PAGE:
Having a discussion about mental health can be stressful for anyone. However, it is extremely important. If you’re planning to teach a lesson on mental health or intend to have an open-ended discussion about it with your students, we applaud you. It is something that needs to be talked about in our schools and something that we need to remove the stigma from. But how do we do that? How do we have a heavy, deep, intense conversation with students and encourage them to understand the increasing prevalence of mental illness? Here are a few suggestions that we, as teachers, have found to work and that we hope you can implement in your classroom when you have this very serious but incredibly important conversation with your students.

Explain the Difference Between Mental Illness and General Mental Health

The two terms are used interchangeably, but explain the importance of being healthy mentally. Knowing how to handle and face your emotions, knowing how to handle stress, and being able to relate to others are all important factors in being healthy mentally. A mental health disorder or a mental illness is more than just feeling sad occasionally or lacking motivation in tasks. It is a chemical imbalance in the brain that can affect the functions of the mind and body.

Make It Age-Appropriate

Having an intense and detailed conversation about suicide may not be best for extremely young students, but it’s likely that some middle school or high school students have heard stories or may even know someone who has taken his or her own life. Gauge the level of understanding that your students will have about a particular topic, and understand that being honest with your students doesn’t mean that you don’t have to have no filter about mental health.

Describe the Symptoms

One of your goals for having this discussion should be to educate students. It’s great to have an open discussion about feelings and experiences with mental health, but you also want students to leave the conversation knowing how mental illness can affect individuals, as well as good resources people can use in order to seek help for their mental illness. Describe symptoms of a general lack of mental health, such as severe mood swings, confusion, and consistent feelings of sadness. Explain that other symptoms include substance or alcohol use or abuse, confused thinking, excessive fears and anxieties, dramatic changes in behavior or personality, social withdrawal, and suicidal thoughts or actions. However, be sure to stress to students the importance of not unofficially diagnosing others or self-diagnosing. Also emphasize that symptoms of mental illness can often be difficult to parse from other behaviors, and the above list are general symptoms that can occur.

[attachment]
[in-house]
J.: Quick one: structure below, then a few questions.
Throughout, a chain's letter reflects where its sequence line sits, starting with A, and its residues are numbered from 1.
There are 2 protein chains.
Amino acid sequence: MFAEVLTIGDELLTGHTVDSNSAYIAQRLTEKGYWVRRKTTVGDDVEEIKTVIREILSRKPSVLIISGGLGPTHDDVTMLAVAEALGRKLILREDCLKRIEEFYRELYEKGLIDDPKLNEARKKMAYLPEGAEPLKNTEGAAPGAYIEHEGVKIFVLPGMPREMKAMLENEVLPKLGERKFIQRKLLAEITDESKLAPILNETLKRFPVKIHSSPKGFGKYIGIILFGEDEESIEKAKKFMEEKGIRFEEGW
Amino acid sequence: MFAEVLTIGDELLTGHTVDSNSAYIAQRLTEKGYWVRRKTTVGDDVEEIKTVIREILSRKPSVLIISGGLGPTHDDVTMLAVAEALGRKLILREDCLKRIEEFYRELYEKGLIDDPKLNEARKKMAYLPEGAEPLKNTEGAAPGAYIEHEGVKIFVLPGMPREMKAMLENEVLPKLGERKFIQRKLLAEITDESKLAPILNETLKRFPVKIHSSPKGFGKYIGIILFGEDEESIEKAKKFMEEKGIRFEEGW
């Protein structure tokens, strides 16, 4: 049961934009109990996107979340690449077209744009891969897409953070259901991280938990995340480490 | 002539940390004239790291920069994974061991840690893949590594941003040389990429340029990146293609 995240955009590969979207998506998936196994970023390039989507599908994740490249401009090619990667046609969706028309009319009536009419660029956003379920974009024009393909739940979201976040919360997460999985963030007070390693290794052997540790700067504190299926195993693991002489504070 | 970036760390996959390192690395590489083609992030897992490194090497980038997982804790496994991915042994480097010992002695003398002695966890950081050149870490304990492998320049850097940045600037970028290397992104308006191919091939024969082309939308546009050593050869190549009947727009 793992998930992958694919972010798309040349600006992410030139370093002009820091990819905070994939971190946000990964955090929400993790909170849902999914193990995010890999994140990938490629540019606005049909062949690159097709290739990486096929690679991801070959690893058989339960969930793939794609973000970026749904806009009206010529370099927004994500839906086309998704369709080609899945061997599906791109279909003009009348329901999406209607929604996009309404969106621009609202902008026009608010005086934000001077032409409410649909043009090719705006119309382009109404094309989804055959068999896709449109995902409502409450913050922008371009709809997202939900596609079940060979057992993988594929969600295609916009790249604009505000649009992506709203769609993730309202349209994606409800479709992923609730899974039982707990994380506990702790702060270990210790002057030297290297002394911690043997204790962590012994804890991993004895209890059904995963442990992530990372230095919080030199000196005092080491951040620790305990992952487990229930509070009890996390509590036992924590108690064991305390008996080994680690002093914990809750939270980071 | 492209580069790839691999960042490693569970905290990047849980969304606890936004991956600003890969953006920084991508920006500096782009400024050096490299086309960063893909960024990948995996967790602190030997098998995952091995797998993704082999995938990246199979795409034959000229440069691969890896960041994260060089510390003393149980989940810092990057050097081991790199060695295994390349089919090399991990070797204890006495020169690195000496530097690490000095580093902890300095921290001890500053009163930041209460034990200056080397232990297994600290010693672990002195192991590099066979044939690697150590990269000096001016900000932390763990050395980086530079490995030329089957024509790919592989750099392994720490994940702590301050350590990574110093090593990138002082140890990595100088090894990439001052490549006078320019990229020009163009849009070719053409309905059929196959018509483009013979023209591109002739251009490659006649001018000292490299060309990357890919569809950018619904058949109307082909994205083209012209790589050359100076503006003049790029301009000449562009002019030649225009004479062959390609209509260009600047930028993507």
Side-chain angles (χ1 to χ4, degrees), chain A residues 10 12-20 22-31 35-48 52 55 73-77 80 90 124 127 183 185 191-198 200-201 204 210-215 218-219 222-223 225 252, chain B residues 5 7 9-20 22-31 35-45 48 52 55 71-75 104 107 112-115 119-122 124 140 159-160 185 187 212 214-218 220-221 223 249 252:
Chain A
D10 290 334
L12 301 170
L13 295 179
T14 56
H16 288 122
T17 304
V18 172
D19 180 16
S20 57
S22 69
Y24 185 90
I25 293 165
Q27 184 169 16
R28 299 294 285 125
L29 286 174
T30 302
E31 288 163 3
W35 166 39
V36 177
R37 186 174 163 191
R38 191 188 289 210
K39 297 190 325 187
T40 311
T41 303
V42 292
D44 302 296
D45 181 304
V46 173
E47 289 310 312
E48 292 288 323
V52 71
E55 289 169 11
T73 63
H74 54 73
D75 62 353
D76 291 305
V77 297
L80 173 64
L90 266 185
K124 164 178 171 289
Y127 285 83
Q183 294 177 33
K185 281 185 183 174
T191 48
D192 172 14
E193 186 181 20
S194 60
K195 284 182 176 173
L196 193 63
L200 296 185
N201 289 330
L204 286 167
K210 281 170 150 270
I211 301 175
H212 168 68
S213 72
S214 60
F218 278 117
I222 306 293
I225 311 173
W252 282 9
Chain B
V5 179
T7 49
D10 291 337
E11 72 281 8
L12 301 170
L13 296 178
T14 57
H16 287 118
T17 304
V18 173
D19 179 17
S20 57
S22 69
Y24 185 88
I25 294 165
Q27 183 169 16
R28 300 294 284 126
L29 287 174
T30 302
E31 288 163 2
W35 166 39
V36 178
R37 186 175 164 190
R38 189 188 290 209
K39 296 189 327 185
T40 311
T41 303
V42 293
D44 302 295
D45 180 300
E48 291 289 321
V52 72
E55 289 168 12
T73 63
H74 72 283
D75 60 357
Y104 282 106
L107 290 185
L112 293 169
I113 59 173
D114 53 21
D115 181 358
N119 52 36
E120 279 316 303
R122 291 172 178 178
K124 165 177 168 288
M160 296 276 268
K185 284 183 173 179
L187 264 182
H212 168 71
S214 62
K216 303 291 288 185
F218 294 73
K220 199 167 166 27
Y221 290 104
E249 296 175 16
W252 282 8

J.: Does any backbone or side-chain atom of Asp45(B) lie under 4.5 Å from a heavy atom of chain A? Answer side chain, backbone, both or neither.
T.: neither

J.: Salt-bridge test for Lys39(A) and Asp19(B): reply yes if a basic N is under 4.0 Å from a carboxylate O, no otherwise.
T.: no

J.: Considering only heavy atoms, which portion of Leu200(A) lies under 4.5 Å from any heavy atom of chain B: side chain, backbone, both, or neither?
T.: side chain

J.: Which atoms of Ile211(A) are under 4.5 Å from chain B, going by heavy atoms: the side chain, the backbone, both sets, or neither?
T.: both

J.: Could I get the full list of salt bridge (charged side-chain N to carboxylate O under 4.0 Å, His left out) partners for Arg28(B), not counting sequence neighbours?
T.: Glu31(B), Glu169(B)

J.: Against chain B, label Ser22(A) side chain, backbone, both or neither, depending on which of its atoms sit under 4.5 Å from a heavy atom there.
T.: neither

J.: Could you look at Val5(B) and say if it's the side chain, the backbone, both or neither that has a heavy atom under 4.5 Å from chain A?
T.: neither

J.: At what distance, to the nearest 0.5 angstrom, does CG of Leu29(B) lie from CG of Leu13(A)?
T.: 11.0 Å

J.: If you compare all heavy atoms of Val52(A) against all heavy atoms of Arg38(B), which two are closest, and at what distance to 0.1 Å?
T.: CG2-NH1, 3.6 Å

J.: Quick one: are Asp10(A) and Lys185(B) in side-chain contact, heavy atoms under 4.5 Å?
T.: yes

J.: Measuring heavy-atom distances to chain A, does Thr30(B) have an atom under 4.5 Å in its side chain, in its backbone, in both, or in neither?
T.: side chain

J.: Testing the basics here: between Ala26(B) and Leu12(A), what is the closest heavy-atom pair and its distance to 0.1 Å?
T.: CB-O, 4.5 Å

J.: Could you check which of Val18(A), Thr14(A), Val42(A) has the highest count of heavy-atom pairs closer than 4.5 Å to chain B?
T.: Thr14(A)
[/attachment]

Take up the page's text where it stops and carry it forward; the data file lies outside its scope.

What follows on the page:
Have Clear Goals

Make sure you know what you’re attempting to do when you enter into a conversation about mental health in the classroom. Is it simply a health lesson? Did something happen at your school that needs to be dealt with in class? Do you suspect mental health struggles amongst students and you simply want to educate them about it? Make sure you know what you’re trying to accomplish and have some clear steps you can take to keep the conversation heading in the direction you want it to go. Make sure students understand the point of the conversation is not to judge or point fingers or start diagnosing their classmates, but it is to shed light on a normally taboo subject that should be discussed more frequently.

Allow Questions

Not all students will feel comfortable asking questions in a classroom setting, but some will. And oftentimes, the quieter students will have their questions answered through questions that other students ask. Allow students to have small group discussions about mental health or do some research on their own during class time. You could also have students write down individual questions and submit them anonymously so that you can answer them out loud or individually. Encourage conversation and be sure you are asking questions throughout the discussion as well.  


Weave the conversation into your lesson plans, set aside a special day to have some tough conversations like this, or plan an open forum so that your classes can have real discussions about hard truths in our world. We know you are a compassionate teacher and you only want what’s best for your students, so we encourage you to enter into this difficult conversation and help your students and their families learn more about mental health.